Wednesday, October 12, 2011

Red Herrings and Overlooked Facts

The Port Townsend Leader published an article about the NPS ruling today (link) that contains some interesting quotes and comments in need of a little clarification.

The Port Administration's claim of missing documents is a red herring. RCO Director Cottingham's recommendation (see September 8 post, below) to NPS referenced 21 state and federal documents for verification of her recommendation.

The Port Administration's claim that none of the LWCF money bought Port land is a red herring. LWCF funds cannot be used to buy public lands except in very rare circumstances which do not apply to Kah Tai. Also, along with her recommendation Ms. Cottingham attaches a document from the Department of the Interior which states that the "entire area identified in the project agreement" is subject to the 6(f)(3) provisions, not just the parts purchased with LWCF funds. And the "entire area" is identified as between 78 and 80 acres in 13 individual documents.

The Port Attorney's contention that she could find no legal basis that port property was subject to continuing obligations is curious. Ms. Lake had access to precisely the same documents that RCO and NPS used. In fact, citizens received via a public records request full copies of the RCO and NPS records requested by Ms. Lake and those records contain every document RCO and NPS used for their determinations. Ms. Lake apparently overlooked the existence of a signed contract and assurances of compliance that bind the Port to the obligations.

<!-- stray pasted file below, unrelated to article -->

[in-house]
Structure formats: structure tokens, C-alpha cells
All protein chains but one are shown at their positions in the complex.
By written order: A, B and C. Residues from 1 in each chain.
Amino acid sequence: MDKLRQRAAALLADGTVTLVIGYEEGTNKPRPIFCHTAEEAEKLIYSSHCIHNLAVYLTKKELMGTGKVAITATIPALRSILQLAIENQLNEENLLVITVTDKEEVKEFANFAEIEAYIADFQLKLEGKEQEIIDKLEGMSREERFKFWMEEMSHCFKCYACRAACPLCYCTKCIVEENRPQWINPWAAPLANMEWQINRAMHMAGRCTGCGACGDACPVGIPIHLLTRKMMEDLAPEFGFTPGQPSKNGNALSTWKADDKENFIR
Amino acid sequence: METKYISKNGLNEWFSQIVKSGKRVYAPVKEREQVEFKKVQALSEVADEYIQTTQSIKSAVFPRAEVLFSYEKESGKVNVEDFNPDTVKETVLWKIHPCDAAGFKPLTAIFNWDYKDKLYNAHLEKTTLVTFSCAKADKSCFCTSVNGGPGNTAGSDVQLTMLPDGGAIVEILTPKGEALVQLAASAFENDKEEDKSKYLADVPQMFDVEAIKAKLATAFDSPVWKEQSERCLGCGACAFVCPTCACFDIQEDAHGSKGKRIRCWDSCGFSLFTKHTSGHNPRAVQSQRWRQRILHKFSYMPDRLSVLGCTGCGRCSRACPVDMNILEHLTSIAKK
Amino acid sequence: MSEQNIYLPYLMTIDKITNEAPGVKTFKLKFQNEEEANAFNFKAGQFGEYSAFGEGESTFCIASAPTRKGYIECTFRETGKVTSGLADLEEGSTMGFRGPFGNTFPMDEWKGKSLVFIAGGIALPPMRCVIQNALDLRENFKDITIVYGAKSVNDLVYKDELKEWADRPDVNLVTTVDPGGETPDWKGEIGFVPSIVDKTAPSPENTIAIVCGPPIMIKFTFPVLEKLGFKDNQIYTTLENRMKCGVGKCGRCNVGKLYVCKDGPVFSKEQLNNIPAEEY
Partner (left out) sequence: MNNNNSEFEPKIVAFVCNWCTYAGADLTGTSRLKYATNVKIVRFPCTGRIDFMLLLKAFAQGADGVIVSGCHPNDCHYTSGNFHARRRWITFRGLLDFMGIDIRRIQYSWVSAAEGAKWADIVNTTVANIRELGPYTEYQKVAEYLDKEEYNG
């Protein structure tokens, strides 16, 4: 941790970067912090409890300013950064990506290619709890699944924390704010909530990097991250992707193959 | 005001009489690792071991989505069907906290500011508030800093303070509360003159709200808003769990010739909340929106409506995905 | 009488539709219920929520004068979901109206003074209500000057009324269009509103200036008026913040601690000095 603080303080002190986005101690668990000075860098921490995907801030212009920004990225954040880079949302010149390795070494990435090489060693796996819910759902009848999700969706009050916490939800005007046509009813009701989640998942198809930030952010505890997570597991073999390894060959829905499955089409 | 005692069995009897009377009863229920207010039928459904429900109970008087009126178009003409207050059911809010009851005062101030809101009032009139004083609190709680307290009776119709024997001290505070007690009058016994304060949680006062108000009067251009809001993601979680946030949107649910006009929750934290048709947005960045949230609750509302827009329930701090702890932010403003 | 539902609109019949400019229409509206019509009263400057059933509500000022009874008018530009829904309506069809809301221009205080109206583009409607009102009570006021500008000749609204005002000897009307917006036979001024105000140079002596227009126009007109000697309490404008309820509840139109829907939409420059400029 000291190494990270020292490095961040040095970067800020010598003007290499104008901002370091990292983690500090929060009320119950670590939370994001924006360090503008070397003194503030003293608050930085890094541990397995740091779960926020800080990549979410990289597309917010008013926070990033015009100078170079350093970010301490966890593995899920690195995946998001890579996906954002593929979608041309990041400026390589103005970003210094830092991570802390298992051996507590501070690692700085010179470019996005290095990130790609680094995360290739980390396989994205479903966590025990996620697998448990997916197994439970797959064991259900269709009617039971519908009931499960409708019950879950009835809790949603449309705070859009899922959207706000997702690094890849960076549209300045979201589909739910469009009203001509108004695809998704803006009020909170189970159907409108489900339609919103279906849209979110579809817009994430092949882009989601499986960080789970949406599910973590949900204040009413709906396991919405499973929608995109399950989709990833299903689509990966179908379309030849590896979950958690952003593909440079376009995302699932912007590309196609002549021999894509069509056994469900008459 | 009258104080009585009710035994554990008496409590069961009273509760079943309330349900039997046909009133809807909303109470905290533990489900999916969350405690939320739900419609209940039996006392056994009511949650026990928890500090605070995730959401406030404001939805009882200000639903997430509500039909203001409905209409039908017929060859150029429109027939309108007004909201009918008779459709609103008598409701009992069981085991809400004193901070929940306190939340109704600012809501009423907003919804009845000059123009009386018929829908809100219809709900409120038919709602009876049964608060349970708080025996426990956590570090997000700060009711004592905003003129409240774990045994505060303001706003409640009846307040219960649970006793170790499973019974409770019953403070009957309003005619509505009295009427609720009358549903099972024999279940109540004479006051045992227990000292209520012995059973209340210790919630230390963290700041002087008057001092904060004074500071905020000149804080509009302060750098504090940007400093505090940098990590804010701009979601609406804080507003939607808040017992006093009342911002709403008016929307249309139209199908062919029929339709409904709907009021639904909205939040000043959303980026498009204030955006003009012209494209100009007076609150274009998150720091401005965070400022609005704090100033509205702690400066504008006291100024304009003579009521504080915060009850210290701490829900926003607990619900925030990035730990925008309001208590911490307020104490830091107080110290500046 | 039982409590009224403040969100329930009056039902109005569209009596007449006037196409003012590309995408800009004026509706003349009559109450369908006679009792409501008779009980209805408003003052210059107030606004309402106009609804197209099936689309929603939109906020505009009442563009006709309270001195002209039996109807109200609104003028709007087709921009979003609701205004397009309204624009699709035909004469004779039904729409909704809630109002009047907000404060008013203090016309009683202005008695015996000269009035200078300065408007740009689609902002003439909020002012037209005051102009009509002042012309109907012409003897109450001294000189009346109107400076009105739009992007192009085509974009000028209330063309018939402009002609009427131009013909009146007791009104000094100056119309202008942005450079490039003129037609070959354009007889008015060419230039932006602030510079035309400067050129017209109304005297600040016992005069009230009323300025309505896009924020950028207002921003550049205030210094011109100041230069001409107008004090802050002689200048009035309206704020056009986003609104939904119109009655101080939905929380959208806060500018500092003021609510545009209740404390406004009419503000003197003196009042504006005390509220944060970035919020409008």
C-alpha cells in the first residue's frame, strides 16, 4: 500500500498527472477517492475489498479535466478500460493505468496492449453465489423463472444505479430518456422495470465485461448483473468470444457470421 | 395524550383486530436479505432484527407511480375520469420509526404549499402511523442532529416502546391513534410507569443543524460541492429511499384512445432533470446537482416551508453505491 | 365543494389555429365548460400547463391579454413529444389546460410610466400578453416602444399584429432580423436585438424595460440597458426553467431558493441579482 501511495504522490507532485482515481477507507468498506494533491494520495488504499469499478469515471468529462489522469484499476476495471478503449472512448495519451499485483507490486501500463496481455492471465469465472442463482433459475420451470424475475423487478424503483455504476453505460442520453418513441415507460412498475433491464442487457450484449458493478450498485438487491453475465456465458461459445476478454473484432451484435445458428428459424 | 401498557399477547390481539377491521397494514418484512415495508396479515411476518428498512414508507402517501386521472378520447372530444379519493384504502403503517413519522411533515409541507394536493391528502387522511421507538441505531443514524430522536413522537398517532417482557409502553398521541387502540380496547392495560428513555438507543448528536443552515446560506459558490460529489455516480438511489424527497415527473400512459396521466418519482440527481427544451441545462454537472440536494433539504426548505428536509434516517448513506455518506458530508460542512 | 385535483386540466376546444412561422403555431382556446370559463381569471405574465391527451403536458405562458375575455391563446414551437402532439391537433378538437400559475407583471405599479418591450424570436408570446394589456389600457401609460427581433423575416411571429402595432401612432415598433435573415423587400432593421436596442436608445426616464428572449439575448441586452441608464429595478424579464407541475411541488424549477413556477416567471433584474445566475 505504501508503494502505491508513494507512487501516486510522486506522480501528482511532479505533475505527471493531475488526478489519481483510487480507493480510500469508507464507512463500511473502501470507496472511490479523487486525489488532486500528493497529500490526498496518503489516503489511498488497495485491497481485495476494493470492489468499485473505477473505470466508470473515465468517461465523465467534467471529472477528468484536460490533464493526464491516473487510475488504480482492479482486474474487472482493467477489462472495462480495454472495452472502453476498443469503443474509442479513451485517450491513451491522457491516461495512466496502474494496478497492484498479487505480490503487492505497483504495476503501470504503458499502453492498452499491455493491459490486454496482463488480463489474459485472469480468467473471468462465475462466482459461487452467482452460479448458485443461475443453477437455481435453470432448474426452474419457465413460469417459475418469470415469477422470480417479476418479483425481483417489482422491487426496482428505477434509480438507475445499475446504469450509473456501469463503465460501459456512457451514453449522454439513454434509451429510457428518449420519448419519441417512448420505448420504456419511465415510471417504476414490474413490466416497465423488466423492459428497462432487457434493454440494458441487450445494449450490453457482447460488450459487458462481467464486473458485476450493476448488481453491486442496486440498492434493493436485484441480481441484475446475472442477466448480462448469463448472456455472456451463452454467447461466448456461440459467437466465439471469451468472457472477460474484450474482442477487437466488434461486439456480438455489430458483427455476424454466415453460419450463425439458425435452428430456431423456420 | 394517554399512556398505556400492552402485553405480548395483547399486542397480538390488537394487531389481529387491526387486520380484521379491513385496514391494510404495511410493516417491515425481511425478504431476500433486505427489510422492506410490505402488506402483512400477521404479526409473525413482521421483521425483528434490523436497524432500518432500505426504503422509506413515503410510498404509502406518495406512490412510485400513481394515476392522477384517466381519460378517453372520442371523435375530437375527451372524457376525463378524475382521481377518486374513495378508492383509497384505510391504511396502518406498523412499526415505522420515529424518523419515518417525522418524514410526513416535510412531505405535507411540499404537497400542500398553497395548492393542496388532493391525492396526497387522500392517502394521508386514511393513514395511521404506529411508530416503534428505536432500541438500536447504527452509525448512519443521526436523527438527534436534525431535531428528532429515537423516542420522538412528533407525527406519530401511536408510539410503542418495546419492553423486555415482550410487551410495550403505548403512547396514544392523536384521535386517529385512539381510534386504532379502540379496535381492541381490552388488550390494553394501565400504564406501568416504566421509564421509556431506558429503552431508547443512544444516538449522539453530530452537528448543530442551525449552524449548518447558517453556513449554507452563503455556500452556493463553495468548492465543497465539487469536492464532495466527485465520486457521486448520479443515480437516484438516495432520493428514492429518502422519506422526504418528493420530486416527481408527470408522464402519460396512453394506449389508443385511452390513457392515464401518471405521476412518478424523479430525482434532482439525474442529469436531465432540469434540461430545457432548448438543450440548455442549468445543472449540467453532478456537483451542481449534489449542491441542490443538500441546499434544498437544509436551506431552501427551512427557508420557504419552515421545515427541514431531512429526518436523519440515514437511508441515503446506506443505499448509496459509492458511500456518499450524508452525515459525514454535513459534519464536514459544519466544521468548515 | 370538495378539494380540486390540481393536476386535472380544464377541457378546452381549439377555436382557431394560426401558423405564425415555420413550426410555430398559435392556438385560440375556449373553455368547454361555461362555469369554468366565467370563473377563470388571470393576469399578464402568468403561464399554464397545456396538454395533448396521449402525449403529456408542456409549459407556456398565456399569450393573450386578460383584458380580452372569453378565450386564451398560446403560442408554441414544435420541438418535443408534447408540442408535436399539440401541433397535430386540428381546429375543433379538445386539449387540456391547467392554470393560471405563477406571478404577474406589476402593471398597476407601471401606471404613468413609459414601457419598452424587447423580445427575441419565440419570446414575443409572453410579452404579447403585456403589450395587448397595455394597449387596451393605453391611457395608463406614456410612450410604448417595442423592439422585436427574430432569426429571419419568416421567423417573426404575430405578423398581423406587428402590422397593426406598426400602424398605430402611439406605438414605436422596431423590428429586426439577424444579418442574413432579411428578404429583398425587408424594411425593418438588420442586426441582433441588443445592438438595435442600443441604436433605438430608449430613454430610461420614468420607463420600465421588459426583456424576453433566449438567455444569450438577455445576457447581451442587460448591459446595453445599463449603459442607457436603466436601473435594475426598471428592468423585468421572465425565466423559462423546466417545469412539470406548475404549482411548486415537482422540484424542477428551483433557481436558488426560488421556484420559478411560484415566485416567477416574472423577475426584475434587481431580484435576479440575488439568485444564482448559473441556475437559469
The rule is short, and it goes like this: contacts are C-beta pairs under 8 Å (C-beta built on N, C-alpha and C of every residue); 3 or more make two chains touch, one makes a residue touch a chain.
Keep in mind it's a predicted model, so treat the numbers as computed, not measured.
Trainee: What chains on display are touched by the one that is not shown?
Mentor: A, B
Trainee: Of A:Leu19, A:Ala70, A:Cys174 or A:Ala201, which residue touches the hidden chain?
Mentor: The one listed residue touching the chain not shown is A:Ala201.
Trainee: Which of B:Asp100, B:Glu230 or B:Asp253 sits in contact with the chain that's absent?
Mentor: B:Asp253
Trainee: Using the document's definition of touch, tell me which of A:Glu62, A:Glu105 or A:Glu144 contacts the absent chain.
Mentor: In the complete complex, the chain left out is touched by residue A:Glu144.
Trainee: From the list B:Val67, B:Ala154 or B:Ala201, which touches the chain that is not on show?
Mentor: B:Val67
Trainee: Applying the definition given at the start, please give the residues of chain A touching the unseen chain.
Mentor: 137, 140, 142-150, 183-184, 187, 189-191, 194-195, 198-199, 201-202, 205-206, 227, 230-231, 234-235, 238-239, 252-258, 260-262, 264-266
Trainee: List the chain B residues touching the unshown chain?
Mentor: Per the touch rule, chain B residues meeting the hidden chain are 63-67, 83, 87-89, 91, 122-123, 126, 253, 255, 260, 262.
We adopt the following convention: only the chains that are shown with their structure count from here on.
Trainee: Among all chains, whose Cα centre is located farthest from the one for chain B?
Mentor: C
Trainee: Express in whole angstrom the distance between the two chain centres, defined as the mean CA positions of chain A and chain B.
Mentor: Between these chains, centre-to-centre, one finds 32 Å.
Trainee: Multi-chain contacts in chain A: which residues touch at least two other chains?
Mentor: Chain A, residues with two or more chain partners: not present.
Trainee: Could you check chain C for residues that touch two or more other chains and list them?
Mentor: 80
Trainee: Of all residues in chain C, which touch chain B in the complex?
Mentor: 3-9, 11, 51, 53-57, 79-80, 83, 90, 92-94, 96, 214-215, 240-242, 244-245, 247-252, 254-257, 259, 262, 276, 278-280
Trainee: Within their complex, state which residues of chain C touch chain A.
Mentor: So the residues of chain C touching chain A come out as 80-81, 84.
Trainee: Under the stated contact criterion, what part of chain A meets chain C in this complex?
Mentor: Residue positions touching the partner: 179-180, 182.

The claim that an aquatic center can be appropriate for the Park is belied by the rules for compliance and conversion of 6(f)(3) lands. 'Compliant use' is 'compliant' with the language in a particular project. Nowhere to be found in the 1980/81 EIA; project narrative; application correspondence between local, state and federal offices; or state or federal briefing documents are references made to a swimming pool of any kind, much less an aquatic center. What is mentioned repeatedly is restoration of wildlife habitat. At RCO on 31 March 2011, staffers referred openly to the Make Waves effort as their first "swimming pool conversion". Any attempt to put an aquatic center in the park would therefore likely require a conversion, which is not simple or easy. An early demonstration of the need for a conversion is that a proposed project CANNOT go anywhere else. Good luck with that.

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